I'm back from my delivery of an Outer Reef 65 to Palm Beach. It was eventful and boring in equal measures. We had three systems including gales offshore pass on the trip down and had to spend more time in the Intra Coastal Waterway (ICW) than we wanted to.
The ICW is suffering from a lack of funding. It's supposed to be dredged to a depth of 14 feet but in many cases it's less than half of that and with wind from the north or north west tends to empty towards sounds like the Albemarle or Pungo River, Neuse River, or Pamlico Sound. Moreover, in the larger bodies of water it gets uncomfortably rough.
Anyway, inside a big powerboat (expedition trawler) with stablilizers it's warm, comfortable and level. There's pitch, of course, but no roll.
I can't stress this enough: There are logs in the ICW that float below or just at the surface of the water. While navigating it, you MUST keep an active watch. Some boaters will report the deadheads as securité anouncements on the VHF, but more often it's up to you. Actually, it's always up to you.
One sad thing about the ICW is that where there are no speed limits, large powerboat wakes are destroying the banks. This is bad because the eroded materials end up in the ICW and because the undermined trees end up as deadheads that can be hit. In vessels with protected rudders and propellers they are just noisy. In boats where that's not the case they're a disaster lurking.
What was really nice was going with someone who has experience on the ICW. Cory has been up and down it 30 something times and knows all the cool little places. I plan on stopping at all of them and more on my adventure.
Many people get Beaufort, NC and Beaufort, SC mixed up. The North Carolina one is bo fort and the South Carolina one is beu fort. Easy way to remember this is 'o' comes before 'u' so the bo fort (Beaufort, NC) is above the South Carolina one. The members of the local populace gets very irritated when you mix them up.
Beaufort, NC is a sailor's town. Sure, powerboats stop there but unlike most other marine towns, they don't hold much sway. Beaufort is a jumping off point for the Bahamas, Bermuda, and all places south. It's below Cape Hatteras so you can avoid unpleasantries there. True, there are still two more capes (Lookout and Fear) which have similar histories of shipwrecks but are not, for some reason, avoided as assidously.
I met a fellow 424 owner, John Stevenson, and we had a nice afternoon together and he joined us for dinner at a very tasty restaurant just up the road from the town marina. I think it's on Queen Street, and it's not called a restaurant but a market. It's a little pricy, but not bad. And the food is excellent. John has been all over the Atlantic with his 424 and is extremely knowledgeable. It was a stroke of great luck to hook up with him. He's off to the Bahamas now.
There's a little bar on Middle Lane, too, where if she's reading this (highly doubtful), I'd like to thank the lady who popped in and danced with me for one dance and then left. Very much like a drive-by dance.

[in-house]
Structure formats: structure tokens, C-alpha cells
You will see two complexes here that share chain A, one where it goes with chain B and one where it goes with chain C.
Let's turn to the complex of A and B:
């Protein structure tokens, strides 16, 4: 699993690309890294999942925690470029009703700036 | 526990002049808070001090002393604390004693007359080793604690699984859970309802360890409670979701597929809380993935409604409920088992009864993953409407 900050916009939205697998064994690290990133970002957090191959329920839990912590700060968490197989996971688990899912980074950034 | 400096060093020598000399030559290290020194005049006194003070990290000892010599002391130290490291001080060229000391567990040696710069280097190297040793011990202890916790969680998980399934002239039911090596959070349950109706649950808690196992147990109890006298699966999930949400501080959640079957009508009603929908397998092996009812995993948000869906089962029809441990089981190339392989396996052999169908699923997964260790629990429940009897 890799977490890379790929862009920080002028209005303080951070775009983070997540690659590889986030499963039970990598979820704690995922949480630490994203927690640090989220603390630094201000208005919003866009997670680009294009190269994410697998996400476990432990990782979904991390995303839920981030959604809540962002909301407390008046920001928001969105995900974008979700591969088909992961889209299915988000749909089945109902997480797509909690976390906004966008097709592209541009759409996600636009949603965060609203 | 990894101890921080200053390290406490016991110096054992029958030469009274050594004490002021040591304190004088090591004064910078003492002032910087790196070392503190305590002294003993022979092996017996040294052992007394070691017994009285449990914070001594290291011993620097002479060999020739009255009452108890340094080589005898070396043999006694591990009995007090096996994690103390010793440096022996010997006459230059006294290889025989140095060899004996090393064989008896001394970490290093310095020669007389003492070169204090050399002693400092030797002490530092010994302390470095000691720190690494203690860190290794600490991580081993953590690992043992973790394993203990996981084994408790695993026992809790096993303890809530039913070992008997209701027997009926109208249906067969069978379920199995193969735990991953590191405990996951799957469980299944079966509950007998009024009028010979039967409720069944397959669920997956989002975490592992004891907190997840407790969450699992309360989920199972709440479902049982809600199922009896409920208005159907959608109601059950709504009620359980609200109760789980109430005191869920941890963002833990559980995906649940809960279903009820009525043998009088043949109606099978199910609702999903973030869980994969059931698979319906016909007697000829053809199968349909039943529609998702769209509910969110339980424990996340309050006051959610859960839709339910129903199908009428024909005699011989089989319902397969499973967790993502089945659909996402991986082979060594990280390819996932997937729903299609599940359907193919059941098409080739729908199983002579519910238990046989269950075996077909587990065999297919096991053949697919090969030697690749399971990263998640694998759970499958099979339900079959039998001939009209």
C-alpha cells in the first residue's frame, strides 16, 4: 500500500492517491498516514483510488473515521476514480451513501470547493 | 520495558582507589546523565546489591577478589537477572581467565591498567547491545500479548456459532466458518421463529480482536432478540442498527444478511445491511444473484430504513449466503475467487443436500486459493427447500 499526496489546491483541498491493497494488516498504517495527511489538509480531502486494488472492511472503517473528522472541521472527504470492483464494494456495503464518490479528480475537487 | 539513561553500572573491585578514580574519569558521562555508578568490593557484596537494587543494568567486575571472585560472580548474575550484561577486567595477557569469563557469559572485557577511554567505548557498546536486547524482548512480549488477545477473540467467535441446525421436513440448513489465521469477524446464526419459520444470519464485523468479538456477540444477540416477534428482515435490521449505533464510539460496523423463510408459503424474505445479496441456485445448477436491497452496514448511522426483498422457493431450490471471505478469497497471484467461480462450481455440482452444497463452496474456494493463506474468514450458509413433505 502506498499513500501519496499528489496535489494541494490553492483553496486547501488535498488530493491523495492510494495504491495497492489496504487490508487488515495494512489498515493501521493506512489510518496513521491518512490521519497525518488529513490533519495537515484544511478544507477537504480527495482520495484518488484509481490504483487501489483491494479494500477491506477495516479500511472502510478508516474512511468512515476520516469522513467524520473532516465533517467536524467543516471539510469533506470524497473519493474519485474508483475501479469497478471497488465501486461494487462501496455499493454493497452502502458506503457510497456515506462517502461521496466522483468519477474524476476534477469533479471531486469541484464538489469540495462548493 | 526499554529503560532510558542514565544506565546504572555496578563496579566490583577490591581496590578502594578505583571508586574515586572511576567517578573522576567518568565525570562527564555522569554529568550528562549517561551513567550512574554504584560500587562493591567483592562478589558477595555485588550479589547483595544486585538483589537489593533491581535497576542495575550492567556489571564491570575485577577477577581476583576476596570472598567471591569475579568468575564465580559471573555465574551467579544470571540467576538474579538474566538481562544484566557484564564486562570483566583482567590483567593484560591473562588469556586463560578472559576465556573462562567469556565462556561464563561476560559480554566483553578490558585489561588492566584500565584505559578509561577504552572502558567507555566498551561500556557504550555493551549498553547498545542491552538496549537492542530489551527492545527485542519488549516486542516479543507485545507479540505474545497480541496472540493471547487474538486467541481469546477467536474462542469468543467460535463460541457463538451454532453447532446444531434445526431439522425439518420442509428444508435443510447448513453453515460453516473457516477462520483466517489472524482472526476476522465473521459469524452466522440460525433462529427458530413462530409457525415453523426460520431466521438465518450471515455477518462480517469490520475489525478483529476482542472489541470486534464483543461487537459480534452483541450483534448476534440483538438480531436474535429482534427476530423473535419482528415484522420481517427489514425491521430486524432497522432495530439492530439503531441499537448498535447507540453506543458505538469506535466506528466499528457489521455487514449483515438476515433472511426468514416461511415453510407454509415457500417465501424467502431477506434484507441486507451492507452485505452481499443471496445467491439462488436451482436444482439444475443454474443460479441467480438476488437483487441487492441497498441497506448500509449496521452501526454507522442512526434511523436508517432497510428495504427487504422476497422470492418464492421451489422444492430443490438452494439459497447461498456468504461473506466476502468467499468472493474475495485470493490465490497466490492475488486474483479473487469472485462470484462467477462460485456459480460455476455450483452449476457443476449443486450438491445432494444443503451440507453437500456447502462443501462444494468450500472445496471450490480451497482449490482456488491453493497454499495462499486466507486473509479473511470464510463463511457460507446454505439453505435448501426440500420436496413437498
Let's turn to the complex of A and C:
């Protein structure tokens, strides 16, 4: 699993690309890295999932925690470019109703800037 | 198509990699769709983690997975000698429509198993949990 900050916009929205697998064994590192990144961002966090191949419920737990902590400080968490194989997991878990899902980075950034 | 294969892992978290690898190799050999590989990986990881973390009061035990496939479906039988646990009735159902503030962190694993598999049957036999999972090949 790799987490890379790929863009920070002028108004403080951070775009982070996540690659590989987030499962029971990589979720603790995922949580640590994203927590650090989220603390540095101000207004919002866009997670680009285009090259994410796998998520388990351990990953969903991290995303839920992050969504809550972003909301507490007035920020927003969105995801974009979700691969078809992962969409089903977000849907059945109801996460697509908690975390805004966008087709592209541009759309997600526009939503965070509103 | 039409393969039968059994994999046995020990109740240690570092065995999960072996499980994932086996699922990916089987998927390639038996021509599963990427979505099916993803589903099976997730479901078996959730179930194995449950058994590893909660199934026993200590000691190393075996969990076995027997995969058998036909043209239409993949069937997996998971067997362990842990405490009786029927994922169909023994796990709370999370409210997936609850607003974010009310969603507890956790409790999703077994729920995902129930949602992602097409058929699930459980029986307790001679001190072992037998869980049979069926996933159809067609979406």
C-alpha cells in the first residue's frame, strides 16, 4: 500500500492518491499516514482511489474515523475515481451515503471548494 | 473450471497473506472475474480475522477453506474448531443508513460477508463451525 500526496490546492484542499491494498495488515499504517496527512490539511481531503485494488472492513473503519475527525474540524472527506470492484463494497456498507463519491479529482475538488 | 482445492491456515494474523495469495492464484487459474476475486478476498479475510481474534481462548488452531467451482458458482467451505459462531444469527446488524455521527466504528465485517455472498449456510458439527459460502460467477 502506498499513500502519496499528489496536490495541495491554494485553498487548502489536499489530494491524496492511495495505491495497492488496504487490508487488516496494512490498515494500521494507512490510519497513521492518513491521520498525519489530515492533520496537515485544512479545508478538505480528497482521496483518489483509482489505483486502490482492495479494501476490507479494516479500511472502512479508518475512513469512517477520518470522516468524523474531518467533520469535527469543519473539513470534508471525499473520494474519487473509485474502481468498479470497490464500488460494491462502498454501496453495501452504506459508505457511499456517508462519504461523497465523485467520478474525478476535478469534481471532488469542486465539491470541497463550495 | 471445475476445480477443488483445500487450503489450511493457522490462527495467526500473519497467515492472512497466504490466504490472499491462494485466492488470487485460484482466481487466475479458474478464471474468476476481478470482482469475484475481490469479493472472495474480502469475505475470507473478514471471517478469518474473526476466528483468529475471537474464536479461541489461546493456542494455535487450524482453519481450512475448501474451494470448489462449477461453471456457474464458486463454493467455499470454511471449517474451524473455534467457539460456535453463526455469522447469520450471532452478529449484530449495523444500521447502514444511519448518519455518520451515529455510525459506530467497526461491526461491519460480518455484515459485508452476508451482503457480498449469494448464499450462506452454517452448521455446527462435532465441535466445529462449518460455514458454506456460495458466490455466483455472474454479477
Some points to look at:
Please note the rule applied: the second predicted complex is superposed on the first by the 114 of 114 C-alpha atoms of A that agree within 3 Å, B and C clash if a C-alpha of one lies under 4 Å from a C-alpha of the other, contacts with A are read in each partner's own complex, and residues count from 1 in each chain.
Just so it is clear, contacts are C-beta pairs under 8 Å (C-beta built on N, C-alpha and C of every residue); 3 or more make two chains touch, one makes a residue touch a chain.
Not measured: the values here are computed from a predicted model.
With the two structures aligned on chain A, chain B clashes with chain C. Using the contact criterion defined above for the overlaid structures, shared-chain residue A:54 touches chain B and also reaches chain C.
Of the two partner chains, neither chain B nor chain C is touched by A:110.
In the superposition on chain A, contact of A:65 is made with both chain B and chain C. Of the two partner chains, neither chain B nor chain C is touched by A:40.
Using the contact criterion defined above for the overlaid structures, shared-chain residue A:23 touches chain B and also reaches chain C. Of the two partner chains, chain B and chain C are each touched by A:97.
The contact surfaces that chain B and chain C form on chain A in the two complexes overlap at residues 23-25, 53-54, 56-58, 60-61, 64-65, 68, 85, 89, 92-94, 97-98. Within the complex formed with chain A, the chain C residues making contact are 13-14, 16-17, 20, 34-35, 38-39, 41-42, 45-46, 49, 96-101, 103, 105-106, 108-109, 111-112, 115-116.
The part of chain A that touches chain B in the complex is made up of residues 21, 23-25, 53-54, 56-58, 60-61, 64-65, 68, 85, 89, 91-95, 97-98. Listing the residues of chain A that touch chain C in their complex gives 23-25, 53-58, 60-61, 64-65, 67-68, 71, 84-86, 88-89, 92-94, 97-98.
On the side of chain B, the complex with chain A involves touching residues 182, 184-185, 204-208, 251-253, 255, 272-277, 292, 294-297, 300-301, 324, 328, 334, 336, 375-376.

We had to stay in Beaufort for a day and a half while we had propeller work done. Remember the deadhead thing? Good judgement comes from experience. Experience comes from bad judgement. All I can say is I'm glad I wasn't at the helm when we hit.
Here's something else. Generally when you hit something with a prop the prop bends. It's the nature of the material. What you don't expect is a brittle failure. Check out the pictures of the prop that was the most seriously damaged. The props are supposedly bronze. Bronze is an alloy of copper, tin, and zinc (as well as other metals). Unfortunately, tin is more expensive than zinc so many foundries use more zinc than is best for the application.
Normally, this isn't a problem. However, in a marine environment what do you put on your shafts to protect them from electrolysis? Yes, that's right, zinc. What happens when the zincs are all used up due to stray currents in a marina or a poor bonding system? You got it - the propellers become the zincs resulting in the loss of zinc from them - you can tell because they become pink. Check it out - especially at the hub. Those pink splotches are from the zinc being sacrificed.
What this means is that the metal won't fail in a ductile manner (bend before breaking) but in a more precipitous brittle manner. It's very important, therefore, to make sure you keep up with your zincs. Propellers are expensive. Zincs are not.
What is most incredible about 24hr sailing is nighttime at sea. I've mentioned it before on another entry, but each time I go out on the foredeck and look up I'm amazed. Totally amazed. You can look out and think it's cloudy but it's not - it's the Milky Way! There are so many stars to be seen that you can't pick out many of the well known constellations! There's almost no space between all the stars! I could lay out on deck all night long and watch except for the cold spray. When farther than 20 miles from land and therefore out of shoreside light pollution range it is more than worthwhile to stare at the sky. Highly recommended.
Finally, my friend Cory gave me a PowerSurvivor 35 revers osmosis water maker originally sold by Recovery Engineering who was purchased by PUR and finally by Katadyn. I'll be rebuilding and installing it this winter.
Sadly, the season is coming to an end. Yesterday there was a flurry of activity at the marina - people taking their sails off the boat, winterizing their engines, and performing all sorts of end-of-season tasks. I'm hoping for another good weekend to sail and then I'll cover the boat. Usually, I wait for horrible weather to do that. Maybe this year, too...